British farmers exporting cattle to the continent are trying to set up facilities for “bureaucratic” checks by vets in France, which cost millions of pounds – and may even pay for them themselves.
UK breeders are unable to export their purebred cattle, sheep and pigs to the EU because no one has built any border control posts where veterinarians can check animals before they enter the single market.
No private company in France has so far been prepared to invest the millions of euros needed to build a facility, which has halted UK exports to the European continent since Brexit.
Now the National Farmers Union (NFU) plans to ask farmers if they will help fund the facility themselves. Meanwhile, some breeders say they only have a few months left before closing their export operations, while others are relocating to the EU.
John Royle, chief livestock adviser at the NFU, has tried to rescue British farmers who specialize in raising prize-winning cattle, sheep and pigs which are then used to establish their own herds and herds.
“These are high value, highly sought after, healthy animals,” he said. “They travel in better conditions than you or I would on a ferry or in the tunnel. Considering what Brexit has cost countries on both sides of the border, with a modest investment we could revive trade to the benefit of UK and EU cattle farmers.
The issues of being a third country have become clearer for travelers to Dover, with six-hour delays last month caused by UK passport checks and a lack of border crossings. But UK and EU ports have at least taken some steps to prepare for Brexit bureaucracy affecting tourists. This is not the case for cattle.
In 2019 Royle started writing to the ports of Holland Hook and Zeebrugge in Calais and Dieppe, asking them to set up a facility, but none of them were interested. Eventually he found a small French family business called Qualivia that was willing to apply to build a facility in Calais just outside the port.
Qualivia, which Royle described as “very good breeders”, has received authorization from the French authorities and expects to receive approval from the European Commission soon.
But the company has asked for assurances it will recoup the cost of building a border checkpoint, amid fears over the future of UK livestock exports.
“In fact, what we’re doing now is helping Qualivia find the funds to build this infrastructure,” Royle said. “And that may require investment from UK businesses. Which is a ridiculous thing, isn’t it? Due to Brexit, we have to finance our own facilities in France to transport our animals to European customers. »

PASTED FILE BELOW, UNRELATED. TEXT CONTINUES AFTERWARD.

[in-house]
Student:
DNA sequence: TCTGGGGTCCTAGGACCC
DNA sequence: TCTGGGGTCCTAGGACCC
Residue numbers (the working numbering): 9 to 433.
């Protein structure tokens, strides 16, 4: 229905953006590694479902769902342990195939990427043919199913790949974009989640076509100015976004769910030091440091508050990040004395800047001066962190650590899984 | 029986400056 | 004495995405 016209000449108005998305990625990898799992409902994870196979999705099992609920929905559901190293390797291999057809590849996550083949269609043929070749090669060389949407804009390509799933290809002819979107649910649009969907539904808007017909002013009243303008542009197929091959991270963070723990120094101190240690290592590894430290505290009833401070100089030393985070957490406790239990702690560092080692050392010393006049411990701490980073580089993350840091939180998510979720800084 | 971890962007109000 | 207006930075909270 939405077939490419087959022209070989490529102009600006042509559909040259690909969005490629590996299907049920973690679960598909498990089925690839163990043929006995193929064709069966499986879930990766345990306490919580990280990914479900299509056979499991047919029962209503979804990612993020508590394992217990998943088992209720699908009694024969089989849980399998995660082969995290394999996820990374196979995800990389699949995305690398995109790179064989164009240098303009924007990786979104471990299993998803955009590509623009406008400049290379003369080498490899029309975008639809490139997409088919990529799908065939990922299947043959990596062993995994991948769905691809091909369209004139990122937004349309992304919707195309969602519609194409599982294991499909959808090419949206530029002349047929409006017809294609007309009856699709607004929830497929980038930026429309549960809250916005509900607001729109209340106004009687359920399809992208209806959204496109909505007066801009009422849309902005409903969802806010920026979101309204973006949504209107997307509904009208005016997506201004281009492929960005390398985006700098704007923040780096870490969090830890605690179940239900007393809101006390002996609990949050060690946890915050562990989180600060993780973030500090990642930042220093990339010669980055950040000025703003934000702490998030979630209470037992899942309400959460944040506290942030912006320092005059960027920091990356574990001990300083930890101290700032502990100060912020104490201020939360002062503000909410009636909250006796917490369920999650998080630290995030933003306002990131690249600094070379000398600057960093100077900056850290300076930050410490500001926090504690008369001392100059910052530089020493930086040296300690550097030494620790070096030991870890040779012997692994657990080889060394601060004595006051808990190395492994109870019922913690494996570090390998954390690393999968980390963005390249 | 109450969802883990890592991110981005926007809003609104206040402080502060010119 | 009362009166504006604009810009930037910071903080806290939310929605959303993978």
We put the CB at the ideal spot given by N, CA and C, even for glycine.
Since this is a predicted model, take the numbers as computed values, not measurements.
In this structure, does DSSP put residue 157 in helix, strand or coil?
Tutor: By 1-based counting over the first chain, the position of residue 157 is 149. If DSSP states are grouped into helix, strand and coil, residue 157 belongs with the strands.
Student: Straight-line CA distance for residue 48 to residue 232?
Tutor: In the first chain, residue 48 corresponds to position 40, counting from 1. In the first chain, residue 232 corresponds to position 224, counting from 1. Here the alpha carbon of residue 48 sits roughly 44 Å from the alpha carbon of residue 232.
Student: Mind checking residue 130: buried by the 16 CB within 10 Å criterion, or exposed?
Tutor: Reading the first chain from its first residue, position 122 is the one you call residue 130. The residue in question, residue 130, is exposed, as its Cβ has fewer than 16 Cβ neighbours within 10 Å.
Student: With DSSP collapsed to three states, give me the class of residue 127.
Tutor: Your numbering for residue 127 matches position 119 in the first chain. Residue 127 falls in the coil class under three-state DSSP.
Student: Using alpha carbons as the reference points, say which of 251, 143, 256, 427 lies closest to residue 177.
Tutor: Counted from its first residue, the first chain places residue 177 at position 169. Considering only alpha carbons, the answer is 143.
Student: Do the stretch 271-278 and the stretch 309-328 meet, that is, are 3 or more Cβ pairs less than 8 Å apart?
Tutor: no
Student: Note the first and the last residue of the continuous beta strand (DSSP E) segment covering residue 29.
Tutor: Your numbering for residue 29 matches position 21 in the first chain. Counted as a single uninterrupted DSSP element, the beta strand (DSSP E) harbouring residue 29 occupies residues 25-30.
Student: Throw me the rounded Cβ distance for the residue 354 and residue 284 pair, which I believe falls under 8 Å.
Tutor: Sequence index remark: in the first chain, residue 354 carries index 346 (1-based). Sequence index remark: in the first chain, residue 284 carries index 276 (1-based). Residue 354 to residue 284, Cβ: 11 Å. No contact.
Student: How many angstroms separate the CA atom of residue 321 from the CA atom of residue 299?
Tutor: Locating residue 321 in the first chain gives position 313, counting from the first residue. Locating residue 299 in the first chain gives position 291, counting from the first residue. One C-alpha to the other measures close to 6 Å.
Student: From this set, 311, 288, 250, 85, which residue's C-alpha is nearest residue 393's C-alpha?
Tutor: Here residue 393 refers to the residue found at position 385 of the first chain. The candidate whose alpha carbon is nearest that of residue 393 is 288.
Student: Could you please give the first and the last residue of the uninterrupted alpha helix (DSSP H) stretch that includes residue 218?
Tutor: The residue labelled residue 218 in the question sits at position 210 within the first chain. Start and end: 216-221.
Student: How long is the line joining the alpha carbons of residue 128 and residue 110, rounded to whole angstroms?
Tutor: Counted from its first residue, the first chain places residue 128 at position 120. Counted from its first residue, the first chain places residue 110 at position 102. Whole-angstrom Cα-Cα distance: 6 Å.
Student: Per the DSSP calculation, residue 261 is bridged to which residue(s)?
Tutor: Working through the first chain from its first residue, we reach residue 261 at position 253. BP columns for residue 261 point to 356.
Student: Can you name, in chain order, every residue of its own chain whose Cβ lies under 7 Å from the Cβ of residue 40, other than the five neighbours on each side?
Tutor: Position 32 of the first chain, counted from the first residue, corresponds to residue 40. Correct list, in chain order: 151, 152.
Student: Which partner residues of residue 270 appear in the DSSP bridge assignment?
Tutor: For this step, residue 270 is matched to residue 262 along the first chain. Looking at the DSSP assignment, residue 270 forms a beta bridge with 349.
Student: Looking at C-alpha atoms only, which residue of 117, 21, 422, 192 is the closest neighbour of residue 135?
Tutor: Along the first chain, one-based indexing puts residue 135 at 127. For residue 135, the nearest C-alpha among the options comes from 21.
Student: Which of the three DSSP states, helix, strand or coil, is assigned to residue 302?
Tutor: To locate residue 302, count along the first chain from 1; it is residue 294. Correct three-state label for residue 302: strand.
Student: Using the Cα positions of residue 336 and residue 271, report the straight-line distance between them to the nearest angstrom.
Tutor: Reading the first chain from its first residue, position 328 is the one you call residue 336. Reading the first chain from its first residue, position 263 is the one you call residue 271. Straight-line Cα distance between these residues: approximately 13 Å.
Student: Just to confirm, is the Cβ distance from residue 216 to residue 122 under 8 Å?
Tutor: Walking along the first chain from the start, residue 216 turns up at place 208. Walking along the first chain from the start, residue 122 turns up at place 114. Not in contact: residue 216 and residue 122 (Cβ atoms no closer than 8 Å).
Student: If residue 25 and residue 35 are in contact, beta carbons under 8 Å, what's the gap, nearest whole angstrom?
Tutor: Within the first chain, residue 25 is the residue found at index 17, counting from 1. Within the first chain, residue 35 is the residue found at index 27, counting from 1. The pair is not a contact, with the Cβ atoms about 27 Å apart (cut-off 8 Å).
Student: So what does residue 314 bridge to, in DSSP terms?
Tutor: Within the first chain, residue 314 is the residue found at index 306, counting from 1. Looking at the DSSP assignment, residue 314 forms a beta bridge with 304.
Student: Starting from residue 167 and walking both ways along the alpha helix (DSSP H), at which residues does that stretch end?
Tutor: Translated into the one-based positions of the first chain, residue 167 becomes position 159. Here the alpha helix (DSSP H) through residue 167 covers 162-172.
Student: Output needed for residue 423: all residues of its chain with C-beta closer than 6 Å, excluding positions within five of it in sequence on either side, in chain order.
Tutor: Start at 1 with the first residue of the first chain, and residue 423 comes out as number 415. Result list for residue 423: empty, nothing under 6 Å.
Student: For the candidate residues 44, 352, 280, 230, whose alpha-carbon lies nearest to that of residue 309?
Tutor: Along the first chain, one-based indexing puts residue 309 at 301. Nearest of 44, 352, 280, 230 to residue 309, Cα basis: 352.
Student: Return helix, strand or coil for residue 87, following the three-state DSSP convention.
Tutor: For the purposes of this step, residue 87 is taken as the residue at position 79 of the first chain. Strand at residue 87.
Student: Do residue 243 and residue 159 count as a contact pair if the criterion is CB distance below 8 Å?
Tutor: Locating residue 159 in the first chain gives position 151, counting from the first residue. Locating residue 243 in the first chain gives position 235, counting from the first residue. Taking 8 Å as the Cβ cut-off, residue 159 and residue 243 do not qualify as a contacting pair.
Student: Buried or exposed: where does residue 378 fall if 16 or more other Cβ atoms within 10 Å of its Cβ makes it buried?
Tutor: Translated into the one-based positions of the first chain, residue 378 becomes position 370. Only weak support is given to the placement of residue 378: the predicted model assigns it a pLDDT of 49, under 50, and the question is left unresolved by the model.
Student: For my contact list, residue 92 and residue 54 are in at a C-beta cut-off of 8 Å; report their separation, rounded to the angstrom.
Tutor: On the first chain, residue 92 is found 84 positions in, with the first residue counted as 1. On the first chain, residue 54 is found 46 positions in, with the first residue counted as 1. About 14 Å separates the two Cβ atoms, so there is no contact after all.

He added that although officials from the Department for Environment, Food and Rural Affairs (Defra) tried to be helpful, “there has been no help from the government. No way.”
British breeders sent around 500 shipments a year, ranging from a single Aberdeen Angus breeding bull or pair of ewes to 30 breeding pigs.
Royle helps pig farmer who moved to England because of his high animal health standards: ‘It’s a big pig farming business where they raise basic animals, at the top of the pyramid farming, and they may have to move to Europe, effectively closing their business in the UK, which is not what they want to do.
Another victim of the lack of red tape is Geoff Roper, who imported Australian Lowline cattle to his Dorset farm, Wessex Lowlines, 12 years ago, seeing the potential for a breed that was smaller than other cattle and which usually only needs to be grass fed. , rather than a cereal food, which makes it more sustainable.
“We have established several herds in Europe – in the Pyrenees, in Bordeaux and Belgium, and in Switzerland and Germany,” Roper said. “And we have been doing this for several years – we are known as the center of excellence for these products in Europe.”
He has five European clients who have made installments for Lowlines and some have been waiting for two years. Roper estimates he has lost £150,000 so far.
“It just stopped our cash flow. I have half a million pounds of stock, half of which should go to Europe – 50 of them are ready now – but we can’t move them. I plan to continue funding this venture until May next year. If we don’t know by May, we have significant issues.
Roper Farm Manager Sam Maughan said: “It was totally unexpected – we trusted the powers that be to have a short term shutdown and get everything back up and running. It just seems right. “There’s going to be a lot of buck-passing. Surely the UK government has a responsibility to UK businesses that support this country.”
A Defra spokesperson said: “It is the responsibility of EU countries and authorities to approve the designation and operation of these facilities. However, we support industry efforts to lobby for BCP [border control post] construction and continue to dialogue with the French authorities on this issue.